A group of prisoners considered vulnerable and at-risk to COVID-19 infection asked the Supreme Court for a temporary release amid the pandemic.
Twenty-three prisoners filed a petition by way of special civil action for certiorari on Wednesday. They asked the tribunal to direct their temporary release during “the duration of the state of public health emergency, national calamity, lockdown and community quarantine due to the threats of the COVID-19.”
The group also said the Supreme Court might also grant their release through bail.
Rights lawyers represented the said prisoners. They urged the SC to order to create a Prisoner Release Committee which will study and implement the release of other vulnerable and at-risk detainees.
“Petitioners are praying for a fair chance at surviving the devastating impact of the COVID-19 outbreak in spaces that are not blighted with the overcrowding and lack of access to hygiene measures and medical care,” their plea read.
The group of petitioners includes political prisoners and detainees who are elderly sick or pregnant, and are detained to crowded facilities where social distancing is “practically impossible.”
Vulnerable, at-risk prisoners ask SC for temporary release amid COVID-19 crisis
The Quezon City Jail earlier this week put 15 inmates in isolation after they had close contact with an inmate who died of suspected COVID-19 on March 25.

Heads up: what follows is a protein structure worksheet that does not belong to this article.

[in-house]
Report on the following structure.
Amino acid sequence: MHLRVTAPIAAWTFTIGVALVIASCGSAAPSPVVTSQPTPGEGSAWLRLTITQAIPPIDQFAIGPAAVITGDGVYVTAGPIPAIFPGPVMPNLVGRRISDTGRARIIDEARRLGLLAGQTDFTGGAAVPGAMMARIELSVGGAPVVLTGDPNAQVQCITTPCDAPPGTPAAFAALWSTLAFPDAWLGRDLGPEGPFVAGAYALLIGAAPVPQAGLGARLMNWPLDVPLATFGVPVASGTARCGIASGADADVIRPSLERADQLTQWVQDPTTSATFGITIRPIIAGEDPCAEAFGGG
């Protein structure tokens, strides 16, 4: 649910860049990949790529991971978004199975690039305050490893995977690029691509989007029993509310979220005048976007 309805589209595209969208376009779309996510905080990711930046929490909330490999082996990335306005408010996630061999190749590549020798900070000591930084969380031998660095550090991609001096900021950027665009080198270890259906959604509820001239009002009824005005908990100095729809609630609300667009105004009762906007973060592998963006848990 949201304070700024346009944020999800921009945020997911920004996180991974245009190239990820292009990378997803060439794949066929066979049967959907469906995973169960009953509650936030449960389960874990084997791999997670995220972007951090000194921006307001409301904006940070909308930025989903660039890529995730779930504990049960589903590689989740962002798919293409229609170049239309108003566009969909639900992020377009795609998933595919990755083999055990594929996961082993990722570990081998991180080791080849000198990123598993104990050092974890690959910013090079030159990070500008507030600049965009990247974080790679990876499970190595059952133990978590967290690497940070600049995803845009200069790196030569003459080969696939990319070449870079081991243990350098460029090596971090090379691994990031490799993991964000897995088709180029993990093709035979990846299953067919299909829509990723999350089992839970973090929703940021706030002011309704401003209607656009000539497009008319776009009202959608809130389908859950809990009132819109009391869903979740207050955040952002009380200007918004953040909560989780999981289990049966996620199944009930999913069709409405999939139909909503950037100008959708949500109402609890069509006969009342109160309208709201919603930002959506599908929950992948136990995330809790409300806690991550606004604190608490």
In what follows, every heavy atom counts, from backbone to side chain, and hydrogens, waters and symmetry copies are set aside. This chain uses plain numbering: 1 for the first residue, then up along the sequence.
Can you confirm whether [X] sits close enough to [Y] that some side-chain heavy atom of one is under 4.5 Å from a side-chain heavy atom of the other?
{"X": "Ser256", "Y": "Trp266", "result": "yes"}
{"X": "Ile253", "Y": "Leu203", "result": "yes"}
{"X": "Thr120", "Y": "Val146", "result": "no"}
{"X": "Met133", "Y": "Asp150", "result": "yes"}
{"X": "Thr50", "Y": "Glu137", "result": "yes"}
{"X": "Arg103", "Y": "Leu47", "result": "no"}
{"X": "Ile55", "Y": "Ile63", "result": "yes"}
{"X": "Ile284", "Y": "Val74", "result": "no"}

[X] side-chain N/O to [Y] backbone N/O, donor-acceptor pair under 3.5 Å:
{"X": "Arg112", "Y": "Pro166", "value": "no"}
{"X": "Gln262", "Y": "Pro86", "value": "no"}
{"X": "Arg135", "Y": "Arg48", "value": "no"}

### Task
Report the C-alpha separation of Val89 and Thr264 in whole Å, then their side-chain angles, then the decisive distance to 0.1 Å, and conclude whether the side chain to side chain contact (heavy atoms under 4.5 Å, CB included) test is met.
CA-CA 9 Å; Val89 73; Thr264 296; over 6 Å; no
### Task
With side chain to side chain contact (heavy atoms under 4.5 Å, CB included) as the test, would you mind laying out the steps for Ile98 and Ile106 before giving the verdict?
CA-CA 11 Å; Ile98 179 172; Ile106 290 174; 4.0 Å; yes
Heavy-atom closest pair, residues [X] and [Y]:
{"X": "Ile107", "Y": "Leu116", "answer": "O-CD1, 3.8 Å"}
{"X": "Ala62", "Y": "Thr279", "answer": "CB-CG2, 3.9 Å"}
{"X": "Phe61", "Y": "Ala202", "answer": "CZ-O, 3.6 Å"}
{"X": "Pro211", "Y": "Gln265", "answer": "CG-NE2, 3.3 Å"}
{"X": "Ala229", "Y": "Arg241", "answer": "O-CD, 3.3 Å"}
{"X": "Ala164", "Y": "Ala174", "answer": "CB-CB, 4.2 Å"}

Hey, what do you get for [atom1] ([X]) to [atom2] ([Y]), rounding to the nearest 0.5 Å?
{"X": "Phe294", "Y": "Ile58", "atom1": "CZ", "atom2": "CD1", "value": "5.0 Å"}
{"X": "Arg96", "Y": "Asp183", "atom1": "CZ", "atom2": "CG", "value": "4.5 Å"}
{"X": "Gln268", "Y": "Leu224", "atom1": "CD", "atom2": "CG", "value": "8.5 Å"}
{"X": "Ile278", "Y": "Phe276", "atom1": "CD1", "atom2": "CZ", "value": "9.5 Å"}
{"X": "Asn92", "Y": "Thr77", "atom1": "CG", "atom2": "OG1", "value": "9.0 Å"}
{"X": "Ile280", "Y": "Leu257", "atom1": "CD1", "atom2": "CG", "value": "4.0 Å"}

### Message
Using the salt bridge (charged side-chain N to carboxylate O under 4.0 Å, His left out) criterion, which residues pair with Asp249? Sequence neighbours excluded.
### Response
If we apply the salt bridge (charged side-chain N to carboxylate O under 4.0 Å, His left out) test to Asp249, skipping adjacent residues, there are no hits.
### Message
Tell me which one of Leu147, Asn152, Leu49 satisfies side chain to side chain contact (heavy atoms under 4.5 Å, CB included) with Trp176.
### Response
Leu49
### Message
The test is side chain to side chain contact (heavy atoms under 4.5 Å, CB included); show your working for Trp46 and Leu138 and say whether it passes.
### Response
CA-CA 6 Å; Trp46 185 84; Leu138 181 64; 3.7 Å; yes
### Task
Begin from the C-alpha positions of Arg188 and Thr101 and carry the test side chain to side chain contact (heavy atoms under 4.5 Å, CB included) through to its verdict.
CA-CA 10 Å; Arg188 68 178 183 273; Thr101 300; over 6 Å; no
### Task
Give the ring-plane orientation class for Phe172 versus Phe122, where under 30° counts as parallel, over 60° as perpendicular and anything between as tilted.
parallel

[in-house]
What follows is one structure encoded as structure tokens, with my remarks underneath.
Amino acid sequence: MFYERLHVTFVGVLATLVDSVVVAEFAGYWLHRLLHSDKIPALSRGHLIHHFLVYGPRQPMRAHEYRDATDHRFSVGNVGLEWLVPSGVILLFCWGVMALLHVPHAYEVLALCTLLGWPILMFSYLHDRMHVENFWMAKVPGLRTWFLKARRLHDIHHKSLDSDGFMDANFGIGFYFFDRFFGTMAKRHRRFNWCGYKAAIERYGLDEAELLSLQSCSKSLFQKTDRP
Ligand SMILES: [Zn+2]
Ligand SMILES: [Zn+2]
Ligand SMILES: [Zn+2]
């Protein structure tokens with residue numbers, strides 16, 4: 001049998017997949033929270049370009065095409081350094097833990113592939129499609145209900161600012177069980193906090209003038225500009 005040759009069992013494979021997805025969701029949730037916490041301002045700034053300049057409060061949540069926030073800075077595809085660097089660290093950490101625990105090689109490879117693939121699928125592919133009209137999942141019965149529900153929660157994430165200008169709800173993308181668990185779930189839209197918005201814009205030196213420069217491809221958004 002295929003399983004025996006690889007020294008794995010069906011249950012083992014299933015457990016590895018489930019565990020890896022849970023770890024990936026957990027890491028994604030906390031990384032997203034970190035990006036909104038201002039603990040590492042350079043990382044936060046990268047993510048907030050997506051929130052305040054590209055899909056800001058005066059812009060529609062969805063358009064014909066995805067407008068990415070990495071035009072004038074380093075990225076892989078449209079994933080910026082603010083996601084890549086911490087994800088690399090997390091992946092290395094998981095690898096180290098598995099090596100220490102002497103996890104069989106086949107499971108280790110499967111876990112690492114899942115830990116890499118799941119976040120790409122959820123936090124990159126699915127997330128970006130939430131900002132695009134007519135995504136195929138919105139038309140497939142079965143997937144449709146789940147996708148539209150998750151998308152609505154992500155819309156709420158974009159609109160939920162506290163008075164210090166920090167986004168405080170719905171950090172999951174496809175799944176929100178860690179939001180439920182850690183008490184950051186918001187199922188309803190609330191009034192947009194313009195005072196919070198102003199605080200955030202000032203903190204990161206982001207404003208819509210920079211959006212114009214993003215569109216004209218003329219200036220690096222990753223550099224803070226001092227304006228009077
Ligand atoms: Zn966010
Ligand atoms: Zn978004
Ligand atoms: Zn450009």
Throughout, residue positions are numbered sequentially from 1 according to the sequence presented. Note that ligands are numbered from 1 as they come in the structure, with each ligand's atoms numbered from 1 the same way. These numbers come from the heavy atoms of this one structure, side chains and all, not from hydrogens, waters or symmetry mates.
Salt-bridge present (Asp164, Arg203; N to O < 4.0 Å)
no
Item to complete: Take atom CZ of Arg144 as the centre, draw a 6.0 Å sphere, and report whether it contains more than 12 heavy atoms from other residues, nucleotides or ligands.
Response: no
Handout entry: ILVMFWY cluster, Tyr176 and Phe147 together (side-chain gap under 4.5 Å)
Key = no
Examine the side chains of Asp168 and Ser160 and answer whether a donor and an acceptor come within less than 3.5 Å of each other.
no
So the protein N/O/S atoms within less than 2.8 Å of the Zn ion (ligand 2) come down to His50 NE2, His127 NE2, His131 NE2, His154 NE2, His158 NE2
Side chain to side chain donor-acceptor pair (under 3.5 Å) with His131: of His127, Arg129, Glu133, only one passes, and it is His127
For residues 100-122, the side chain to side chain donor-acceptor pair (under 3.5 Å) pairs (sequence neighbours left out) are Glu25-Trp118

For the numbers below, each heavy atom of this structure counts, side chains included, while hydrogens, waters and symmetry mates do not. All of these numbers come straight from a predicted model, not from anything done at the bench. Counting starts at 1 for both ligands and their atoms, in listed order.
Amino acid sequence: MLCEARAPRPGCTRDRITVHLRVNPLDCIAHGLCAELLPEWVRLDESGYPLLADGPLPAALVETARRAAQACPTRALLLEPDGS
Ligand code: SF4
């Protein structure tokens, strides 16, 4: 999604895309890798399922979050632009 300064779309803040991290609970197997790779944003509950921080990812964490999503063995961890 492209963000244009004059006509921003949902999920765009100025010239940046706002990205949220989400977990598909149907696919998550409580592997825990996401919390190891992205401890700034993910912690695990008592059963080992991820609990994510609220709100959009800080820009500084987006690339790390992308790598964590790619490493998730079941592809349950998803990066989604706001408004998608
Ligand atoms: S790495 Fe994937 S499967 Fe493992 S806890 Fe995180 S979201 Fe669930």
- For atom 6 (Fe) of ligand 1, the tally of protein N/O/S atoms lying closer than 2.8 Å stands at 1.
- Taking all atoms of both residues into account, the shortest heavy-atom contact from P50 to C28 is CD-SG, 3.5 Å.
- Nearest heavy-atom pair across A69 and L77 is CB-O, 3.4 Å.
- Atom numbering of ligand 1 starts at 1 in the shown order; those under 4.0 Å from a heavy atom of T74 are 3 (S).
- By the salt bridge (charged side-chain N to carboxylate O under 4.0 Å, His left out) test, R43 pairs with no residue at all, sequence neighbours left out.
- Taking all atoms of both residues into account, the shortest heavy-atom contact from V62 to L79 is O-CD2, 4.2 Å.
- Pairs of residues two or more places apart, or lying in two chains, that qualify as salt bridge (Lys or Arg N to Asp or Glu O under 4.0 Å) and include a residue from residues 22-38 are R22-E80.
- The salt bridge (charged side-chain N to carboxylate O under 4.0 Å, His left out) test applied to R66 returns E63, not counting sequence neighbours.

Health experts suggest social distancing, which is standing at least six feet away from each other, is one of the best ways to prevent the spread of the virus.
The Bureau of Jail Management and Penology previously prisons in the country have exceeded more than five times its capacity, making social distancing almost impossible.
“The fatalities among the vulnerable sectors in these prisons will be staggering once COVID-19 sets in,” said the petitioners.
It could be remembered that Supreme Court ordered the release of Senator Juan Ponce Enrile through bail on humanitarian grounds amid a plunder trial.
Last month, the Bureau of Corrections (BuCor) said their facilities are still COVID-19 free as inmates “try not to be close together.”
BuCor also suspended visitations in all of its facilities, except food deliveries that “go through stringent screening,” Chaclag said. He also said they bought personal protective equipment and a misting machine for disinfection.